Russia takes losses in failed river crossing, officials say
Russian forces suffered heavy losses in a Ukrainian attack that destroyed a pontoon bridge they were using to try to cross a river in the east, Ukrainian and British officials said in another sign of Moscow's struggle to salvage a war gone awry.
Ukraine's airborne command released photos and video of what it said was a damaged Russian pontoon bridge over the Siversky Donets River and several destroyed or damaged Russian military vehicles nearby.
The command said its troops "drowned the Russian occupiers."
Britain's Defense Ministry said Russia lost "significant armored maneuver elements" of at least one battalion tactical group in the attack earlier this week. A Russian battalion tactical group consists of about 1,000 troops.
"Conducting river crossings in a contested environment is a highly risky maneuver and speaks to the pressure the Russian commanders are under to make progress in their operations in eastern Ukraine," the ministry said in its daily intelligence update.
The battle for the Donbas has turned into a village-by-village, back-and-forth slog with no major breakthroughs on either side and little ground gained.
Fierce fighting has been taking place on the Siversky Donets River near the city of Severodonetsk, said Oleh Zhdanov, an independent Ukrainian military analyst.
The Ukrainian military has launched counterattacks but has failed to halt Russia's advance, he said.
"The fate of a large portion of the Ukrainian army is being decided — there are about 40,000 Ukrainian soldiers," he said.
The Ukrainian military chief for the Luhansk region of the Donbas said Friday that Russian forces opened fire 31 times on residential areas the day before, destroying dozens of homes, notably in Hirske and Popasnianska villages, and a bridge in Rubizhne.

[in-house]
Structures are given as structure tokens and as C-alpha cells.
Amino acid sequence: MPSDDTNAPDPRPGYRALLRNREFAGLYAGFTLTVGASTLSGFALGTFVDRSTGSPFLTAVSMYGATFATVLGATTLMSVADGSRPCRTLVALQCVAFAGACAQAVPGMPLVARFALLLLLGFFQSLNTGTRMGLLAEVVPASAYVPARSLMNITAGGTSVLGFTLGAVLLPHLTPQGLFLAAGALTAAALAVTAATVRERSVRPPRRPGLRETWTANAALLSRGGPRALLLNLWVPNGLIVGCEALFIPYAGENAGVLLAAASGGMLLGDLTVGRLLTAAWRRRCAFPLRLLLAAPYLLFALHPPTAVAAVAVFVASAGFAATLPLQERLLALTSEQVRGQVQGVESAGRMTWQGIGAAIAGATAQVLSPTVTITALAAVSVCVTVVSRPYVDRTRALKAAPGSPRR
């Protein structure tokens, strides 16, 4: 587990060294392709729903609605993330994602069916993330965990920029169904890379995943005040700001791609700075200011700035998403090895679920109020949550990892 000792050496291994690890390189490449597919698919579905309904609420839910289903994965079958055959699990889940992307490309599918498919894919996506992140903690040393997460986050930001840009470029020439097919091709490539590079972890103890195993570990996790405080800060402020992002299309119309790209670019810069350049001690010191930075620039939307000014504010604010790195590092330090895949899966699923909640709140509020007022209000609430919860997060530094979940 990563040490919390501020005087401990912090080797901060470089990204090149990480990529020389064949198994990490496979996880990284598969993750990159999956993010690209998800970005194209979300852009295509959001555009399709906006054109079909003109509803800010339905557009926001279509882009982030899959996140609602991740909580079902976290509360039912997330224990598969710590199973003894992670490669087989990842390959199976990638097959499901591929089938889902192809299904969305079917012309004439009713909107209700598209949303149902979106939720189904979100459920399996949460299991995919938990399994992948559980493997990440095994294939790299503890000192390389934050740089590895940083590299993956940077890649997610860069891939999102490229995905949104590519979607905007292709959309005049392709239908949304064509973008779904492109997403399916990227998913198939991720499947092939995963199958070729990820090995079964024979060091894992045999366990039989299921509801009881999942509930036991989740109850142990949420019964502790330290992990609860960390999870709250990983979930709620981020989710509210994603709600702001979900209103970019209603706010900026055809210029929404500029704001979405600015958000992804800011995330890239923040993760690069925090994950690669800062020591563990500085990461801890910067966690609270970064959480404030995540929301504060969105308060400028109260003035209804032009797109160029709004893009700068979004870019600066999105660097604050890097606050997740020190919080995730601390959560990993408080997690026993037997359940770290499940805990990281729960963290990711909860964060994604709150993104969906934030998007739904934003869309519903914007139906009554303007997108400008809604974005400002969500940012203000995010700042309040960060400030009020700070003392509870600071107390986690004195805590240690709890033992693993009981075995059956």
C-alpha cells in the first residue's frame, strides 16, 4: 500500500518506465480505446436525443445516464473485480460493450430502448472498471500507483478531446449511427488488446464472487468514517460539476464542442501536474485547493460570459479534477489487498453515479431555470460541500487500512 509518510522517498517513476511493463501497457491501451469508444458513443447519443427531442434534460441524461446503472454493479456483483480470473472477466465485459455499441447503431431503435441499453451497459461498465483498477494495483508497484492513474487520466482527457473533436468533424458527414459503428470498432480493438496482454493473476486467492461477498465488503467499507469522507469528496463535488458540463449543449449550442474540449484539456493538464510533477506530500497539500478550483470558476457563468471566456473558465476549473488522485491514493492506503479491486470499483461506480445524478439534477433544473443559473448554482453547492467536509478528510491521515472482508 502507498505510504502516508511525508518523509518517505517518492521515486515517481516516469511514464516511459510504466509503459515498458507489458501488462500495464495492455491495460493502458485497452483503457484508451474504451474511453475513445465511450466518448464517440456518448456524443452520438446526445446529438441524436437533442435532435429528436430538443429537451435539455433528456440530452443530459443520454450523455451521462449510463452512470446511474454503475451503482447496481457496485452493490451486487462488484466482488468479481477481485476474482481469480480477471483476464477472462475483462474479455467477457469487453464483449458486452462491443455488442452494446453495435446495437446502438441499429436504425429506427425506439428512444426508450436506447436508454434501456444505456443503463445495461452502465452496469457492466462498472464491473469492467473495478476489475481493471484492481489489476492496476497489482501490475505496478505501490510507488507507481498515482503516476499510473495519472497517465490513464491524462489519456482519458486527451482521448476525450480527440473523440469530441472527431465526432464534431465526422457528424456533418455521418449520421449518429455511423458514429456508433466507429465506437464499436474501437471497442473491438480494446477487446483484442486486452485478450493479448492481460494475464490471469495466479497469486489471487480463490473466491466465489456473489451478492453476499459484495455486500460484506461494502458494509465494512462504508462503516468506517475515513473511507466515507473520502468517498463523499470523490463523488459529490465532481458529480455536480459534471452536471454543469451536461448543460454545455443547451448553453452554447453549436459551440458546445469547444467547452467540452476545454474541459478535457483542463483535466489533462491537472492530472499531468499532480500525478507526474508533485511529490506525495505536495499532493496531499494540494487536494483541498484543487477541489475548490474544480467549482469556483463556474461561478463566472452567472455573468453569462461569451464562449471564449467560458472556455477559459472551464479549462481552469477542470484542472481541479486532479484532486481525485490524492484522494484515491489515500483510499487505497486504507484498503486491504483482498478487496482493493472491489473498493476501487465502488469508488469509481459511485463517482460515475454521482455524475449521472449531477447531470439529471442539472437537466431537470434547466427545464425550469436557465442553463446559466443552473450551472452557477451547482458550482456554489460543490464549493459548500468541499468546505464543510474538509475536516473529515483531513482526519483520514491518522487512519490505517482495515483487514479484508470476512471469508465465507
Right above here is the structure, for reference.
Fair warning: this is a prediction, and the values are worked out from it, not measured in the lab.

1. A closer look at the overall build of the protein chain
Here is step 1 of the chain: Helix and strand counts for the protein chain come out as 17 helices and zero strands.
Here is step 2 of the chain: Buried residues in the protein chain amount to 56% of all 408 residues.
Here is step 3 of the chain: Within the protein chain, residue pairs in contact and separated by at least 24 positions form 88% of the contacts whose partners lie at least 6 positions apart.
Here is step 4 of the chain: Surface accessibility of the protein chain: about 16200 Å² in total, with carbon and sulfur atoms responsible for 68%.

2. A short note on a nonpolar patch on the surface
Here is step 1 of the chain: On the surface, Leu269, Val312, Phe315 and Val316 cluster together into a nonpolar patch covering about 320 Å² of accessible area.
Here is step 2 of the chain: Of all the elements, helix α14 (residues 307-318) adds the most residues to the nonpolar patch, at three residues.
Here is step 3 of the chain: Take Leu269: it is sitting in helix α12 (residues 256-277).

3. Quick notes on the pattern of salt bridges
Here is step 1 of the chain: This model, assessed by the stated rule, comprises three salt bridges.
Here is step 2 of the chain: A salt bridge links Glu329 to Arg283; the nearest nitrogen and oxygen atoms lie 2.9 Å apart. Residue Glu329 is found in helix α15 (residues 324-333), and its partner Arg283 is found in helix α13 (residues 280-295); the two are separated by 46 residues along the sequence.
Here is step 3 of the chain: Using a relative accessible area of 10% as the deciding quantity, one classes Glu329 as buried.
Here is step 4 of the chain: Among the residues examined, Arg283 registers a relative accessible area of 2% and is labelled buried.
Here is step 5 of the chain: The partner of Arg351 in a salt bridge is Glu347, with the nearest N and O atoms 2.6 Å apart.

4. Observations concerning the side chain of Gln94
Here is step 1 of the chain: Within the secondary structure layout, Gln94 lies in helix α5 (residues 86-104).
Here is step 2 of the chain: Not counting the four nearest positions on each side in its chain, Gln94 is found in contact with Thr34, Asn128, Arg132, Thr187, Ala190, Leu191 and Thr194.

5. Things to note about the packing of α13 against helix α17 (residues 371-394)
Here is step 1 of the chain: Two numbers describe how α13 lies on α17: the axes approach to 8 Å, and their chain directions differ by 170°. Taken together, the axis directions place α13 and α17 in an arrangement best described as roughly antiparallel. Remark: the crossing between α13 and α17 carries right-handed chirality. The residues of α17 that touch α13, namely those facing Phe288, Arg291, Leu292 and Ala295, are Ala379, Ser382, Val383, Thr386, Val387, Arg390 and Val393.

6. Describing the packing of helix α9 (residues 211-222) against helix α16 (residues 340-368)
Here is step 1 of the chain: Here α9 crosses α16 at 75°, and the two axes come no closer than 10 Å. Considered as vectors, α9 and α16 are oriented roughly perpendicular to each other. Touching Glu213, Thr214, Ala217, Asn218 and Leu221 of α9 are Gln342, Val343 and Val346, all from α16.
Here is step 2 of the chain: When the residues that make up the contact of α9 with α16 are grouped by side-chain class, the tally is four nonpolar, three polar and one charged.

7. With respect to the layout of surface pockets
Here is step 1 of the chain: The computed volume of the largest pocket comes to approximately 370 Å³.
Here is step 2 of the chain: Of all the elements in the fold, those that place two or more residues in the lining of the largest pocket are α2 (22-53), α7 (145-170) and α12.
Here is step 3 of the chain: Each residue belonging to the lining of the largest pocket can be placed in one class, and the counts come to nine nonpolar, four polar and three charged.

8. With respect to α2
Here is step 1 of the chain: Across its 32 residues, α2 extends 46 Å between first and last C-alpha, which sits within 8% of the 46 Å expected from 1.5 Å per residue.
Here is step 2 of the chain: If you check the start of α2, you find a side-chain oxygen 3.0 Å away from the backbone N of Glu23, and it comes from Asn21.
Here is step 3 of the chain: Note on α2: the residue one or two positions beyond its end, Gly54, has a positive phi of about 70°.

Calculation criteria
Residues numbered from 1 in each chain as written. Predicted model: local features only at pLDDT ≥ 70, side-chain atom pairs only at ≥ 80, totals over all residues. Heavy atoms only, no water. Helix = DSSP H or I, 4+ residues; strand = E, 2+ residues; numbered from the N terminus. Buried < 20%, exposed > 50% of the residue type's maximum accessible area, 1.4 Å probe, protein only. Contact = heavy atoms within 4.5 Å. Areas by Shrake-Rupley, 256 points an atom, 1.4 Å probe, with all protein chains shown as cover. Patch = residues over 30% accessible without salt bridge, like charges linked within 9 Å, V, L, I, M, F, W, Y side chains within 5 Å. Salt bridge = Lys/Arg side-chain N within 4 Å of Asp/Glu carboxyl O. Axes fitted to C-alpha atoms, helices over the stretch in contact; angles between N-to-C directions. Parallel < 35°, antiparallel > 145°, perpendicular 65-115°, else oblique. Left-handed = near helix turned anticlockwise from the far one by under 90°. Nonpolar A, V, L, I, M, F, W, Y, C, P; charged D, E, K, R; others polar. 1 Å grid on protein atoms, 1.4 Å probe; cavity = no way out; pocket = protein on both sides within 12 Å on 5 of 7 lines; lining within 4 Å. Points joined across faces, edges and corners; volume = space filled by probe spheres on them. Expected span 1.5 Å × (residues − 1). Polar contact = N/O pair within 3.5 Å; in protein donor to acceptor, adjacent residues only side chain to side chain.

In the south, Ukrainian officials claimed another success in the Black Sea, saying their forces took out a Russian logistics ship that was trying to deliver an anti-aircraft system. There was no confirmation from Russia, and no casualties were reported.
In the ruined southern port of Mariupol, Ukrainian fighters holed up in a steel plant faced continued Russian attacks on the last stronghold of resistance in the city. Sviatoslav Palamar, deputy commander of Ukraine's Azov Regiment, said his troops will hold out "as long as they can" despite shortages of ammunition, food, water and medicine.
Justin Crump, a former British tank commander who is now a security consultant, said Moscow's losses have forced it to downsize its objectives in Ukraine. He said the Russians have had to use hastily patched-together units that haven't trained together.
"This is not going to be quick. So we're settled in for a summer of fighting at least. I think the Russian side is very clear that this is going to take a long time," he said.
For its part, Ukraine is asking for more arms to fend off the invasion, and the European Union's foreign affairs chief announced plans to give Kyiv an additional 500 million euros ($520 million) to buy heavy weapons.
Ukrainian Defense Minister Oleksii Reznikov welcomed the heavy weapons making their way to the front lines but admitted there is no quick end to the war in sight.
"We are entering a new, long-term phase of the war," he wrote in a Facebook post. "Extremely difficult weeks await us. How many there will be? No one can say for sure."